We camped both nights here at a defunct campground. A hurricane came through here last year and totally wiped out the one we planned to stay at so we went a little further down the highway and next to an existing RV park was another that no longer had any services but was right on the beach. The office was boarded up as were the bathrooms but two palapas still stood and the fishermen seem to use the beach to moor their boats. After enjoying a beer on the beach, a vehicle drove up and two women and a little girl came out. One lady, she introduced herself as Beatrice, said she was the owner and we could stay here no problem. Due to the lack of facilities instead of charging us the former $15USD she said a “donation” was welcome. We gave her 50 pesos and Doug made the little girl, Dora, her granddaughter, a balloon animal. Luckily for us it did cool down a bit that night although we ran both our fans most of the first night. The second night there was a wonderful cool breeze and it was actually a little chilly first thing in the morning. (58F/13C). No one showed up for “dinero” the second night.
Our next destination was Mulege which like, San Ignacio, is an oasis town but this one is on the coast at the mouth of a river. It is extremely green and lush in comparison to most of the Baja. This town is the entry way to the Bahia de Concepcion area which is touted as being idyllic and the perfect place for RV boondockers. We walked along the river mouth and enjoyed our breakfast in a parking area right on the river.
We have noticed many British Columbia license plates as we head south. Baja is a great snowbird destination for those on the west coast.
Mulege was cute to walk around with one way streets and lots of shade trees along the sidewalk. We visited the prison museum here. They tried a new tactic back in the day; a jail with no bars. Prisoners could go out every month six days a week, work, support their families and around dinner time, a conch shell was blown and they had to return to the prison for the night. Both men and women were kept there.
As we wandered back to Tigger, looking for a grocery store, we came across a Westfalia van with South Dakota places so we had to stop. It was a couple, Tony & Margo, from California who now live in Ensenada. We went for coffee with them, learned a few tidbits about the Baja and discovered they were staying at the place we were heading to for the night: Playa Santispac.
This is touted as one of the three great spots on this Bahia (bay). We ended up staying here two nights near Margo & Tony and also met a couple from the UK, Gordon & Joy, a couple of Germany, Peter & Tina and a couple from Switzerland, Ursula & Armando. It was quite a nice location: white beach of a nice length, (sand not super fine and lots of shell fragments but nice enough), clear warm water, palapas on the water to camp at, two bars/restaurants (one at either end of the beach) and mountains backing the whole place. We enjoyed the company here, the lovely water (where we “noodled” our way out quite far in the bay), tried out each of the bars and enjoyed being “unconnected” to the world for a few days as there is no cell or internet here. The only con about this playa is the bug population at dawn and dusk; there are mozzies and some kind of no see um cause Fran got a lot of bites that are quite itchy but don’t bleed like regular mozzie bites.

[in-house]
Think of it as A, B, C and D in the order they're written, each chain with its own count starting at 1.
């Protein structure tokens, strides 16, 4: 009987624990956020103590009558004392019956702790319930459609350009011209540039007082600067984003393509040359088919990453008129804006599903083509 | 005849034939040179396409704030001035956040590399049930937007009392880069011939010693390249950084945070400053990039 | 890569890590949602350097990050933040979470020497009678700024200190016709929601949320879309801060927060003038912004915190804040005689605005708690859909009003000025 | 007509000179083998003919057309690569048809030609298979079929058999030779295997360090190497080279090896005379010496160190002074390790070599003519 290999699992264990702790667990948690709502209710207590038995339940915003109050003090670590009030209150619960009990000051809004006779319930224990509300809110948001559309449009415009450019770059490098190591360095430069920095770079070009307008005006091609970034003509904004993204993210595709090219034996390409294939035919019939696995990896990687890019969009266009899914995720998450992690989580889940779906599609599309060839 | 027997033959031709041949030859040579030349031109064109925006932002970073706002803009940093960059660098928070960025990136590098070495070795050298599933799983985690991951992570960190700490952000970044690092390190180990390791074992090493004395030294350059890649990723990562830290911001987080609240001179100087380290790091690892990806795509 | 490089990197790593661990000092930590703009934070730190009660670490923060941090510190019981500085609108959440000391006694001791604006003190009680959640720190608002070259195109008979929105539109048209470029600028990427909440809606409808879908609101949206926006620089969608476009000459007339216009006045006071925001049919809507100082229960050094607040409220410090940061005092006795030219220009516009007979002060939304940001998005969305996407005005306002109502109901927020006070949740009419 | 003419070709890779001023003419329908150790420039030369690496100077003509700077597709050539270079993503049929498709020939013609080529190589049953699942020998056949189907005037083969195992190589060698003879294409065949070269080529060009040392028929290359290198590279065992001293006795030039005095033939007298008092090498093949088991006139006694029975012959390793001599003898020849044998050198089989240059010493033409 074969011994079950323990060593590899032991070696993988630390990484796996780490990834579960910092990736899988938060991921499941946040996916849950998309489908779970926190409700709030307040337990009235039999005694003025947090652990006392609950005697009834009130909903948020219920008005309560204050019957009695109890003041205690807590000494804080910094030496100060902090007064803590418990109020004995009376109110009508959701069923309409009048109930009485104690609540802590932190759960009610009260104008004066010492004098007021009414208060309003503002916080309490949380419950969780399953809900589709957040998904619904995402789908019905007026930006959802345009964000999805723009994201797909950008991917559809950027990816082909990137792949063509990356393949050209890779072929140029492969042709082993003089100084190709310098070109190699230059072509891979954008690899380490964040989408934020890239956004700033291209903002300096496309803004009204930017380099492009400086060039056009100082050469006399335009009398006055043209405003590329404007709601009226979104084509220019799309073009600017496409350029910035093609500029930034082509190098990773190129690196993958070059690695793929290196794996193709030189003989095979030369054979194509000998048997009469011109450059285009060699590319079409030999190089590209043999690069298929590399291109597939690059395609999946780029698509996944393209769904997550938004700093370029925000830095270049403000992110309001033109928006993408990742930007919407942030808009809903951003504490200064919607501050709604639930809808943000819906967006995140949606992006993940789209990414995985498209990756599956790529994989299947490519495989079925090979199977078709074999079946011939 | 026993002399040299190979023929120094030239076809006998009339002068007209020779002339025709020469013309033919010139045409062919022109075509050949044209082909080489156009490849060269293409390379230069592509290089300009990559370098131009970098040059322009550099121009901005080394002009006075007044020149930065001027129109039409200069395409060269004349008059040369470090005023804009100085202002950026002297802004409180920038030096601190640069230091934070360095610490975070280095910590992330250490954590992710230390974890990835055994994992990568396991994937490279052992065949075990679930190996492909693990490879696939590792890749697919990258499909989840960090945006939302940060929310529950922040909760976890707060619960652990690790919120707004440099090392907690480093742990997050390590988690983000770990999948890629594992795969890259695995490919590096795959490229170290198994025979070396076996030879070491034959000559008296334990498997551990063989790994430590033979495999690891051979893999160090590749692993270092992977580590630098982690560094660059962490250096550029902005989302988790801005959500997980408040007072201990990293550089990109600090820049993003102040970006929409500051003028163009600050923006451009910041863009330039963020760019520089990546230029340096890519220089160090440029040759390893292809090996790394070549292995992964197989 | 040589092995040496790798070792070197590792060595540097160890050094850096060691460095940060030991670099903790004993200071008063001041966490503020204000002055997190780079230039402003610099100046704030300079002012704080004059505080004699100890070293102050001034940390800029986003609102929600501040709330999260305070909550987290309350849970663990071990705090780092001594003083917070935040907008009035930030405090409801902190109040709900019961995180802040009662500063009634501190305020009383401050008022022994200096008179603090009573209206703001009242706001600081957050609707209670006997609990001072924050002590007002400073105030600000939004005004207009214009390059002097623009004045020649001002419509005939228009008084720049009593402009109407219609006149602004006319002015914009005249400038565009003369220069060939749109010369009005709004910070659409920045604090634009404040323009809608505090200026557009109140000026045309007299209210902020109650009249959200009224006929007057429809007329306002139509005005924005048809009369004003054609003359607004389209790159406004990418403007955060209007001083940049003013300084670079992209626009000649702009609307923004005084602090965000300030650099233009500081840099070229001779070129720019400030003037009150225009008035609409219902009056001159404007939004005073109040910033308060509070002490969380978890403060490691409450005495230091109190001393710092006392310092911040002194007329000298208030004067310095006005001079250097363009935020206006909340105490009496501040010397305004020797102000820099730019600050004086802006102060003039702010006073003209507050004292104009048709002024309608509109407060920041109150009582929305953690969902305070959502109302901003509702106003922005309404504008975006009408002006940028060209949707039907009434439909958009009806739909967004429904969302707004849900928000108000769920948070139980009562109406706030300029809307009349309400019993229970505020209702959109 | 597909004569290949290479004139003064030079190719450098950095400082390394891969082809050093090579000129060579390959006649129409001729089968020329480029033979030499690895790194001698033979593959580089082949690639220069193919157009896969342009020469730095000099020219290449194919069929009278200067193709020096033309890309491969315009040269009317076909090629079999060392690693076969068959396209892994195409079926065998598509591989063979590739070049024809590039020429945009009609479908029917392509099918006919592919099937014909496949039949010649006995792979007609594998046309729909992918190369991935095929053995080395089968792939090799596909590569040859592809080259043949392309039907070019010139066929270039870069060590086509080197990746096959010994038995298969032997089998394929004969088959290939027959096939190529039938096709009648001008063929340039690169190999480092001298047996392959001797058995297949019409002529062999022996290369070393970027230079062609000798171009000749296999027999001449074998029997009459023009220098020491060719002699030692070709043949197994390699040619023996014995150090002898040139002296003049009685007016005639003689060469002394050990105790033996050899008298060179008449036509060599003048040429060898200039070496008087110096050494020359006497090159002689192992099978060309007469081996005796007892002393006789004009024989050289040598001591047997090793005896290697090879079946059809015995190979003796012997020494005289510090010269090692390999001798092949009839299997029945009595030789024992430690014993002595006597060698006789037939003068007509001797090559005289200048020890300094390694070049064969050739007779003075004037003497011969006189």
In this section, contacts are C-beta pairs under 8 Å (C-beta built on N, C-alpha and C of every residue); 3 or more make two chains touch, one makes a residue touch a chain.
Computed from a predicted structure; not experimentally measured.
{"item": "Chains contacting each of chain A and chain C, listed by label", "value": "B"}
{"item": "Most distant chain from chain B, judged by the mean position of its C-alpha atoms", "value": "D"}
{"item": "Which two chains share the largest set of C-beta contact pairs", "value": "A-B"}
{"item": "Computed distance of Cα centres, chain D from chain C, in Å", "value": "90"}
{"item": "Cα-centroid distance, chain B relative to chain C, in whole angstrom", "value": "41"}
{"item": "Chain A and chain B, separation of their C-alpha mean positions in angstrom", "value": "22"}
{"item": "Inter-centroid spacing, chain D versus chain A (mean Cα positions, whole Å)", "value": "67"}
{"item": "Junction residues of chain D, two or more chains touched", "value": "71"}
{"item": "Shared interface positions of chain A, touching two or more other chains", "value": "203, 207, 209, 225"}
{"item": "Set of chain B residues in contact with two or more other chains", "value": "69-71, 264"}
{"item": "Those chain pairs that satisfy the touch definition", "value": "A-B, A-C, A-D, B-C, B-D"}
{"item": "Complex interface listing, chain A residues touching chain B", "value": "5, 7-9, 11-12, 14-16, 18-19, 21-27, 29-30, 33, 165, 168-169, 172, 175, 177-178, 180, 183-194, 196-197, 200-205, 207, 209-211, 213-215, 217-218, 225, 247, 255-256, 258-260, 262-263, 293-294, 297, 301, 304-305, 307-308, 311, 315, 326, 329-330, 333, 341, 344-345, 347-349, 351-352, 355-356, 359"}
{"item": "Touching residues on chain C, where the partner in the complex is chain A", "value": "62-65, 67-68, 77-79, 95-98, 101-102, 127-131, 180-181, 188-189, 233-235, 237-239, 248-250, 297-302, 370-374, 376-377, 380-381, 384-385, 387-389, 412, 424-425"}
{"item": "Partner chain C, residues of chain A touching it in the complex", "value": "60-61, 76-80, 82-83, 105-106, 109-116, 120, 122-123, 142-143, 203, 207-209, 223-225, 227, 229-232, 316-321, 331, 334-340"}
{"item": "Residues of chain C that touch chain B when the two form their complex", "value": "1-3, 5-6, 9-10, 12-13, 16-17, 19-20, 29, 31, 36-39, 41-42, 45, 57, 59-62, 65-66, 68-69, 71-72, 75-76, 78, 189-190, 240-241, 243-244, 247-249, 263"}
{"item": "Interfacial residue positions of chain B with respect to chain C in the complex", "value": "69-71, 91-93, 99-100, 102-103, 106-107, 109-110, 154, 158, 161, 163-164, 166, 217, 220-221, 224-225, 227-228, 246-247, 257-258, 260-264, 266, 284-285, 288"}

Every morning on this beach, there are vendors who come along offering boat rides, selling fresh water, fish, shrimp, clams, silver jewelry, blankets and other trinkets. We did buy some yellowtail – got two whole fish, cleaned and gutted for 160 pesos which is about $10US. It’s enough for four meals.
We did check out the other two Bahia beaches: El Coyote and El Requeson. We had originally planned to stay one night at each one. El Coyote was nice but a much smaller beach; we prefer a long stretch to walk on. El Requeson was quite picturesque and there is a spit of sand where at low tide you can walk to the island but it too had a short beach and no amenities other than a pit toilet. That day it was extremely windy (day after Hurricane Patricia) so it was not so nice being unprotected. All three of these beaches charge 100 pesos per night but Santispac was the longest and had the most “overlanders” to mingle with in the evenings.
When we left on Sunday, we travelled further south along the coast to the town of Loreto. We took a walk here around the town plaza and along the malecon. It’s a very pretty town with lots of palm trees but the beaches are not nice white sand and no campgrounds on the waterfront. We headed a little further south to El Juncalito where there was supposed to be free camping and good snorkeling.
The water was murky here and there were some decent sized waves (due to the wind we figured) so we stopped and blew up our boogie boards to have some fun. Another couple joined us in the water body surfing and after we all got out we had a beer and chatted. Fred & Marietta are from Alaska and he is retired and comes down here for a couple of months in the fall and spring (she works part time still and comes down between her shifts as a nurse periodically). They advised us that there are been many reports of banditos on this beach in the past year and suggested we go back to Loreto and stay at the Rivera RV park where his local home is. This RV Park is small and quiet and only two blocks from the malecon and ten minutes into town. A good location and a well maintained park with full amenities including Wi-Fi.